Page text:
The Law Society of Scotland is asking the legal profession and consumer bodies for their views on price transparency for legal services.

The consultation, Price transparency – promoting consumer choice, aims to stimulate discussion within the legal profession and among other stakeholders, including consumer-interest groups, and is seeking views on the benefits and challenges of price transparency - if a lack of openness is detrimental to the consumer and competition with the legal services market and the factors which may already be driving change.

Scottish solicitors are required to provide specific information to clients, including an estimate of the total fee or the basis upon which the fee will be charged, plus VAT and foreseeable outlays.  However, there is no requirement for solicitors or firms to publish pricing information proactively and in advance of any client requests, although firms can promote their firms’ services as they see fit, including on pricing.

The Law Society consultation is in response to issues raised in a Competition and Markets Authority report, which has stated that the lack of accessible information on pricing by legal services providers is a ‘significant hurdle’ for consumers and that the lack of transparency weakens competition between providers and means that some consumers do not obtain legal advice when they would benefit from it. The CMA view was that increasing transparency of price, service and quality was essential for consumers to get a better deal.

Carole Ford, non-solicitor convener of the Law Society of Scotland Regulatory Committee, said: “The Competition and Markets Authority takes the view that legal services regulators, such as ourselves, should require price information to be published to stimulate competition in the market. Before we can even consider such a step, we want to engage with our membership, the wider legal services sector and those representing consumers to gather a wide range of views to inform the direction of our work.

“There are both benefits and challenges to increasing price transparency and we are keen to hear a wide range of views before we consider any potential changes to the current rules on informing clients about the costs of legal services.”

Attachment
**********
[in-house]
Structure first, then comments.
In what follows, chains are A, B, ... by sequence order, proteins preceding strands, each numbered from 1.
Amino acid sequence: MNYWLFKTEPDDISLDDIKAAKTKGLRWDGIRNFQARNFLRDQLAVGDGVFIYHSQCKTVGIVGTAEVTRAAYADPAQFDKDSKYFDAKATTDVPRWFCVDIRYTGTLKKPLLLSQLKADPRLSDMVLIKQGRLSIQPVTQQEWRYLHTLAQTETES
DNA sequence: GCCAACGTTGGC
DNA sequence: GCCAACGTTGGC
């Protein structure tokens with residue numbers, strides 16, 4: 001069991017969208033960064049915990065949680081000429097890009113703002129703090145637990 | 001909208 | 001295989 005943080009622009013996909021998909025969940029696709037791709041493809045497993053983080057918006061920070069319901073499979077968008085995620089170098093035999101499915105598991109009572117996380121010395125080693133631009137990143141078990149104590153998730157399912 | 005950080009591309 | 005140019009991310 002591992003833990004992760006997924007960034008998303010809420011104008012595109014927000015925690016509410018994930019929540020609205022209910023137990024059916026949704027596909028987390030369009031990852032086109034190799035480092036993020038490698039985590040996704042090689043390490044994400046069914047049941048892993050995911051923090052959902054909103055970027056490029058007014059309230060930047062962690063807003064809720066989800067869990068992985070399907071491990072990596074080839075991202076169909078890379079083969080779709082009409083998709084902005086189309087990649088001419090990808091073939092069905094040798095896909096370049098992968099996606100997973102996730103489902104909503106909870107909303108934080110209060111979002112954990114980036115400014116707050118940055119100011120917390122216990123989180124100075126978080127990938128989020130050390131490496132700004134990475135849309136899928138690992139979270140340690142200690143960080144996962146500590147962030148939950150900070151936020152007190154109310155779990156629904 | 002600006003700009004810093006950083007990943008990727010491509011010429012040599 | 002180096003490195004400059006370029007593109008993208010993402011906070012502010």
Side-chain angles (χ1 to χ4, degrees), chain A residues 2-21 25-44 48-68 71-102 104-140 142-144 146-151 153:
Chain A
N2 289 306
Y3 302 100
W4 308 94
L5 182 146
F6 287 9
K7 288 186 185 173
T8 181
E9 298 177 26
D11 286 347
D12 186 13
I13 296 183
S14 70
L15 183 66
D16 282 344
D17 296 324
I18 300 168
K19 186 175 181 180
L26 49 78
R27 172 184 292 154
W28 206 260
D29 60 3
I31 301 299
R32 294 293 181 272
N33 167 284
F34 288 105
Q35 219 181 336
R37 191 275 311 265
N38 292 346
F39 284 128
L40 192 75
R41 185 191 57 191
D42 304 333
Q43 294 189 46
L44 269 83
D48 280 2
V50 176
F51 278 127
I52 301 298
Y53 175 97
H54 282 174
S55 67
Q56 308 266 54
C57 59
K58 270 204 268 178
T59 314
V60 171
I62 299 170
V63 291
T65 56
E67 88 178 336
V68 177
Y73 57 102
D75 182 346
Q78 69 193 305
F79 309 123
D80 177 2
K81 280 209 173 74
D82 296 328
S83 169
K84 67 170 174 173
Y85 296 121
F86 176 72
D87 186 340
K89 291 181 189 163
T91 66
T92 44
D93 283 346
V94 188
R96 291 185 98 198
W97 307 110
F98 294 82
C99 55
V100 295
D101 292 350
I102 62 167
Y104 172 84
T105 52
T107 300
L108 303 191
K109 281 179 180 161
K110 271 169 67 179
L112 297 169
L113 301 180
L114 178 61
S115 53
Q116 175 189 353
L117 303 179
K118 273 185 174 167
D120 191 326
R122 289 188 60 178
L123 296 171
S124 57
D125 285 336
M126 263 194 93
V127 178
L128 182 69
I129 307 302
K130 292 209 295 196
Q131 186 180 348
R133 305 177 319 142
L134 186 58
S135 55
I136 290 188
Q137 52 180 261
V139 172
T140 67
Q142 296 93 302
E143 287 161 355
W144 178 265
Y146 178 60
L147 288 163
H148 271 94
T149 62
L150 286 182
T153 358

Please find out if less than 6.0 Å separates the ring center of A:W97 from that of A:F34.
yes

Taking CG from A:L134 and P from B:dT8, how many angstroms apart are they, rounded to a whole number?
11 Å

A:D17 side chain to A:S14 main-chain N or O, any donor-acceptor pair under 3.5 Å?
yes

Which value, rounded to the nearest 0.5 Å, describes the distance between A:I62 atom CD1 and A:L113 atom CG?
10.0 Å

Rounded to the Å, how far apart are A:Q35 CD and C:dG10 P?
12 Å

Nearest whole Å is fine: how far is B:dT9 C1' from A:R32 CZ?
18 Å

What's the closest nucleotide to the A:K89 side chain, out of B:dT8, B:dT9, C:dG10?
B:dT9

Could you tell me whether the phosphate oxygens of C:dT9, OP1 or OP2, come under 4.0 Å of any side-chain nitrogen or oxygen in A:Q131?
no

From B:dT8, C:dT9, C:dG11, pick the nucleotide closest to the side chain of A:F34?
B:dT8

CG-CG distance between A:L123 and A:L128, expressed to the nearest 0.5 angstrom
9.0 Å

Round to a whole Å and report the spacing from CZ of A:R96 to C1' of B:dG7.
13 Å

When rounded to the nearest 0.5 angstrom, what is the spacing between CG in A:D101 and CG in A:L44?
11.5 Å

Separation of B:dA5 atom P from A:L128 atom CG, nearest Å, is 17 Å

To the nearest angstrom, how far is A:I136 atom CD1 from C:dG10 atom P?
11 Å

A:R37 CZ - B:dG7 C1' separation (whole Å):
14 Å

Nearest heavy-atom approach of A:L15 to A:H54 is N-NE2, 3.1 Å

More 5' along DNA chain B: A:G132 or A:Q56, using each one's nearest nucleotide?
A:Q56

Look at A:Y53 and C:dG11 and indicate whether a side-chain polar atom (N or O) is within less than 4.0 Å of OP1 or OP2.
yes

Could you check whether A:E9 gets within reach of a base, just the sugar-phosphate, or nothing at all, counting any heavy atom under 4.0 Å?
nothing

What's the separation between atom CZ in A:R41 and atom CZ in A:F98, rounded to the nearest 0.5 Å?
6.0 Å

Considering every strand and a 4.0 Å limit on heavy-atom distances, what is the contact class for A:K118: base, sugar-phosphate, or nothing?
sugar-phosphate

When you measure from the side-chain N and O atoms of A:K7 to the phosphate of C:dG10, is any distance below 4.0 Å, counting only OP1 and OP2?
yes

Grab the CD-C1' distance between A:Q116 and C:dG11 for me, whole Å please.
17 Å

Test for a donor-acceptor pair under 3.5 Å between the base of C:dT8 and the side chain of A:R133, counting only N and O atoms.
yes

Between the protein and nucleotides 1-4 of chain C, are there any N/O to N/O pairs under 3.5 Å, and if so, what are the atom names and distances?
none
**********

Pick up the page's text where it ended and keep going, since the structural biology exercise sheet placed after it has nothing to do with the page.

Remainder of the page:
Results from research, commissioned by the Law Society and carried out by Ipsos Mori, have suggested that about a fifth of consumers consider price to be an important factor when choosing a Scottish solicitor. Other UK-wide research has shown that the majority of consumers and small businesses think that legal services are unaffordable, with even the perception of unaffordability potentially acting as a barrier to accessing justice.

Carole Ford added: “At the moment people often place more reliance on recommendations from family, friends and peers so increased price transparency could encourage people to shop around as it would allow them to compare costs and make an informed choice. We know some clients are dissatisfied with their solicitor’s service based on charges either not being explained properly or being too high, so having clear and transparent pricing models could reduce complaints relating to fees.

“Some law firms already publish prices for legal services that could be considered as commoditised, such as conveyancing, wills or some family matters. However not all legal work lends itself to this kind of pricing. The complexity of some legal cases means they cannot be done for a fixed fee so it is essential to take this into account. Nor would we want to see any kind of ‘bait pricing’ where advertised costs are artificially low to attract business but in reality have very limited availability.

“I’d like to encourage those with an interest to take part and let us know their views on the potential benefits and where there may be drawbacks to such a move.”

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